These cases are however readily distinguishable from the principal case. (See 1 Phillips on Ins. 708 ; 3 Steph. N. P. 2069; and also from Stagg f Snell v. The United Ins. Co., infra. p. 34, in which the ship arrived at Cura. coa in such a state that she was not worth repairing)

Stedfast v. Nicoll.

STEDFAST, ex dem. W. Nicoll and others, against H.

Nicoll.

N. in August, 1778, devised land to his son William, for life, remainder to W.

the son of William, living at the time of the devise, for life, with remainder to the first and every other son of the first son of William successively, in tail male, with remainder to the second son of William, (then in esse,) with remainder to his first and every other son, successively in tail male ; with remainder to every other unborn son of William successively, in tail male ; remainder to the first and every other unborn daughter of William successively, in tail male; remainder to the testator's second son Samuel for life ; remainder to the first and every other son of Samuel, successively, in tail male ; with remainder to the testator's three daughters, in tail general, as tenants in common; with remainder to the same three daughters, in fee ;

and devised to trustees to preserve contingent remainders. The testator died 1st March, 1780, leaving issue two sons, William and Sam

vel, and three daughters. William, the eldest son, entered under the will, and died seised, in April, 1796, leaving two sons, William and Henry; and William, the grandson of the testator, entered on the death of his father, under the will, and died seised in June, 1799, leaving issue a daughter, and his wise privement enseint, who was delivered of a son, also named William, in October, 1799. It was held, that the posthumous son took the estate in remainder, by the devise, in the same manner as if he had been born in the life-time of his father.

This was an action of ejectment. The cause was tried at the Suffolk circuit, in June, 1800, before Mr. 'Justice Benson, when the jury found a special ver- (*19] dict, in which the following facts were contained.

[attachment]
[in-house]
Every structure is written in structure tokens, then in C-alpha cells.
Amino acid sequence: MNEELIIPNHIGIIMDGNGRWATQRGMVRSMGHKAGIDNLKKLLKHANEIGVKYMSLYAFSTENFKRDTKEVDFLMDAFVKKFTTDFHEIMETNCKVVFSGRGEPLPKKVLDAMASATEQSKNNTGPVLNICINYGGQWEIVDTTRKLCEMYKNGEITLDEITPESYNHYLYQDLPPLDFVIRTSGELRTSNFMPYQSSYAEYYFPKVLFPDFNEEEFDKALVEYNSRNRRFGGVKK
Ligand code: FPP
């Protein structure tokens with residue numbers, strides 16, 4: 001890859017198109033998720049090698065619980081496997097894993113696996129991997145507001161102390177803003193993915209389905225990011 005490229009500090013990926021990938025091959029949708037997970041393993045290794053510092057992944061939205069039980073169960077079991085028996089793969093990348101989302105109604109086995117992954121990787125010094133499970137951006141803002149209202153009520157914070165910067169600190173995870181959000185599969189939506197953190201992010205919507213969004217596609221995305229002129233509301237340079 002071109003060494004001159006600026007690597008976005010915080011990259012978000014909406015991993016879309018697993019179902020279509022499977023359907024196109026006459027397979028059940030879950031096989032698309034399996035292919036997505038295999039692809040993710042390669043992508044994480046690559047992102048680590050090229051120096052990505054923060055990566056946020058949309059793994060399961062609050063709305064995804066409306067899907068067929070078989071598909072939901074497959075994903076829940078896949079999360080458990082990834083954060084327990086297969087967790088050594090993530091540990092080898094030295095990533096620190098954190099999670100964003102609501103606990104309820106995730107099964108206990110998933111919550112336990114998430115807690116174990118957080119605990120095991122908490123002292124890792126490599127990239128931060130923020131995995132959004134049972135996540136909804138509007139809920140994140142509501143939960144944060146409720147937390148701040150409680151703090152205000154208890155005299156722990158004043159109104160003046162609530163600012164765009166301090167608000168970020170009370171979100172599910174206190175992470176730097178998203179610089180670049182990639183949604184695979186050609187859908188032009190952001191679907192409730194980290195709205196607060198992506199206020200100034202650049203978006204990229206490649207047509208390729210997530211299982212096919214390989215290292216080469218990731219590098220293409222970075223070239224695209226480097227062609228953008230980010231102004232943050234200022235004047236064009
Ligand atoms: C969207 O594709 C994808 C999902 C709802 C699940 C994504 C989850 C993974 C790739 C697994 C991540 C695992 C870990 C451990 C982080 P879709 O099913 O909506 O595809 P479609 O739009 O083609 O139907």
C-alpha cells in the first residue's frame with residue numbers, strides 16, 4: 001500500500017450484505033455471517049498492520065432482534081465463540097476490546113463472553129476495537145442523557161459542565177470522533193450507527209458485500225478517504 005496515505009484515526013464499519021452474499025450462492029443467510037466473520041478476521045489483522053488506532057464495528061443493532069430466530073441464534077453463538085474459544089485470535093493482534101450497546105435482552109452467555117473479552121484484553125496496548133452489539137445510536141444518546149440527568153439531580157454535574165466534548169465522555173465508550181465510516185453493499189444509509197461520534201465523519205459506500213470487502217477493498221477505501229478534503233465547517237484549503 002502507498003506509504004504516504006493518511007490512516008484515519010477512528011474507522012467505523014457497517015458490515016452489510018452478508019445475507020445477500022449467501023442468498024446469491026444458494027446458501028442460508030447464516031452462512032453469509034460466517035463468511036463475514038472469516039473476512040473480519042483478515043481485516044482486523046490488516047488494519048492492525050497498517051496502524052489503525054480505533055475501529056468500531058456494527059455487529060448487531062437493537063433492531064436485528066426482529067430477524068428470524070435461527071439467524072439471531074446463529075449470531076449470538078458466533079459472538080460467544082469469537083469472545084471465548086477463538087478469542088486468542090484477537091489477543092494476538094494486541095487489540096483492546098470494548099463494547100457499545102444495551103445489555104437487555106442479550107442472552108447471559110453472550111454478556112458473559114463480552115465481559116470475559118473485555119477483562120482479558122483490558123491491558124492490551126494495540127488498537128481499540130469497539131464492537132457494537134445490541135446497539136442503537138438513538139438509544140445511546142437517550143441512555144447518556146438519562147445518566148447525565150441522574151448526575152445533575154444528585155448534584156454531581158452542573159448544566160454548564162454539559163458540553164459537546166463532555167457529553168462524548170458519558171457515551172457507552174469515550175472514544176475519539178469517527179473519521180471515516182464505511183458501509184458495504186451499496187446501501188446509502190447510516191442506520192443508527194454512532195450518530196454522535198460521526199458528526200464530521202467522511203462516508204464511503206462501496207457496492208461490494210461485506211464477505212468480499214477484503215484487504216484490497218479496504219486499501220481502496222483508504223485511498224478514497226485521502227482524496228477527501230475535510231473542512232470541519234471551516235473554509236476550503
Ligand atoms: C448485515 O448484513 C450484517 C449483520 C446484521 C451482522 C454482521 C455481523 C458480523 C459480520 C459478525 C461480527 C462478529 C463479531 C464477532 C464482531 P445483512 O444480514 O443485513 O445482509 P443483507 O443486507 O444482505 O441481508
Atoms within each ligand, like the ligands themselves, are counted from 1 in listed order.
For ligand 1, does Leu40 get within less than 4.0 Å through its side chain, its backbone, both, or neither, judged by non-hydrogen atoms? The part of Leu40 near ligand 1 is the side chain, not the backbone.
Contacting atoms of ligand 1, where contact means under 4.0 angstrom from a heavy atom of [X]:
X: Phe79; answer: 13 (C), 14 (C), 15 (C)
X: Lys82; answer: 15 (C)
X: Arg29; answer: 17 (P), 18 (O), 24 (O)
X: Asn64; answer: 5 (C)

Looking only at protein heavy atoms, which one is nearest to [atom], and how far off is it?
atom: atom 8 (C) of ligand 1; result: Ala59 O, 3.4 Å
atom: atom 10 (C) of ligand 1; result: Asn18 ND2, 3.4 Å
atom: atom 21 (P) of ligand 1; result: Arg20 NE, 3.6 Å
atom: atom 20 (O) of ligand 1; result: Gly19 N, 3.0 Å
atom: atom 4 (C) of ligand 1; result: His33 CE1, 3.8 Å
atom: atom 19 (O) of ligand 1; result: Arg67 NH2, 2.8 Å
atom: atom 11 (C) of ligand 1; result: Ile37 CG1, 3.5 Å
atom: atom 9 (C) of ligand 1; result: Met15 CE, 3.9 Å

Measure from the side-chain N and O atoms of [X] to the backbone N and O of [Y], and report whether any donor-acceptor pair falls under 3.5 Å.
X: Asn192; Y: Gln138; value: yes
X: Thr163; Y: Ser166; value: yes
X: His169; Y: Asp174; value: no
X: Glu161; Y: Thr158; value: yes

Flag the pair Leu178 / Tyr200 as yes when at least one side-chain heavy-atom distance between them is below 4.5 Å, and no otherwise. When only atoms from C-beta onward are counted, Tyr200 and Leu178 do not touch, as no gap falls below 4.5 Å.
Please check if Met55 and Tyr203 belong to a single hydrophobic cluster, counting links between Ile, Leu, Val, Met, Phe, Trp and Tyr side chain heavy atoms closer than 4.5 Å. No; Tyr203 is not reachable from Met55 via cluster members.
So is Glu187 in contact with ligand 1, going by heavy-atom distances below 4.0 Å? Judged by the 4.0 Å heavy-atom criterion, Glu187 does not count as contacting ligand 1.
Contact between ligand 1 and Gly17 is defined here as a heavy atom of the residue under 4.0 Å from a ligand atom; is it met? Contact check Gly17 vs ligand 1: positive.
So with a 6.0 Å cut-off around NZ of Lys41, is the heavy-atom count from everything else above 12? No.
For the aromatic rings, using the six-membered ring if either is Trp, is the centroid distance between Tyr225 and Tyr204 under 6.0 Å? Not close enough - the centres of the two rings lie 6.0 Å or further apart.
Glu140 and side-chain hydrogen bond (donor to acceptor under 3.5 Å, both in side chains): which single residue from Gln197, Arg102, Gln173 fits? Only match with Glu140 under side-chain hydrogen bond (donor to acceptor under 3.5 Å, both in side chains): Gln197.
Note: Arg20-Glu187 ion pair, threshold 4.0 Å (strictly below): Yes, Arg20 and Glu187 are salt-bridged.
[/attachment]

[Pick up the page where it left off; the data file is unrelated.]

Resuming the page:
William Nicoll, being seised in fee of the premises in question, made his will, on the 19th August, 1778, in which, among other things, he devised the premises in question to his son William for life, without impeachment of waste; with remainder to trustees, and their heirs, during the life of his son William, to preserve the contingent remainders in his will, liinited; with remainder to the first son of his said son William, for life; with remainder to the said trustees and their heirs during the life of his said grandson, to preserve the contingent remainders therein after limited, to wit, with

Stedfast v. Nicoll.

remainder to the first and every other son and sons of the eldest son of his said son William, successively according to the seniority, the elder to be preferred before the younger, to hold the same in tail male; and in case of the death of the first son of his said son William, without such issue, then the testator gave the said lands, &c. to the second son, (the defendant,) and the issue male of such second son, in the same manner as above, with like devises to trustees for preserving the contingent remajnders; and declaring his intention to be to give an estate for life only to such second son, in tail to his issue male successively, and so to every other son of his said son William, and the issue of such son successively upon the like contingencies; and in default of issue male of his said son William, he devised the said remainder to the first or eldest daughter of his said son William, for life without impeachment of waste; with remainder, during the life of such first daughter, to the same trustees and their heirs, in trust, to preserve the contingent reinainders therein after inentioned ; with remainder to the first and every other son and sons of his said first or eldest daughter successively, according to their seniority, the eld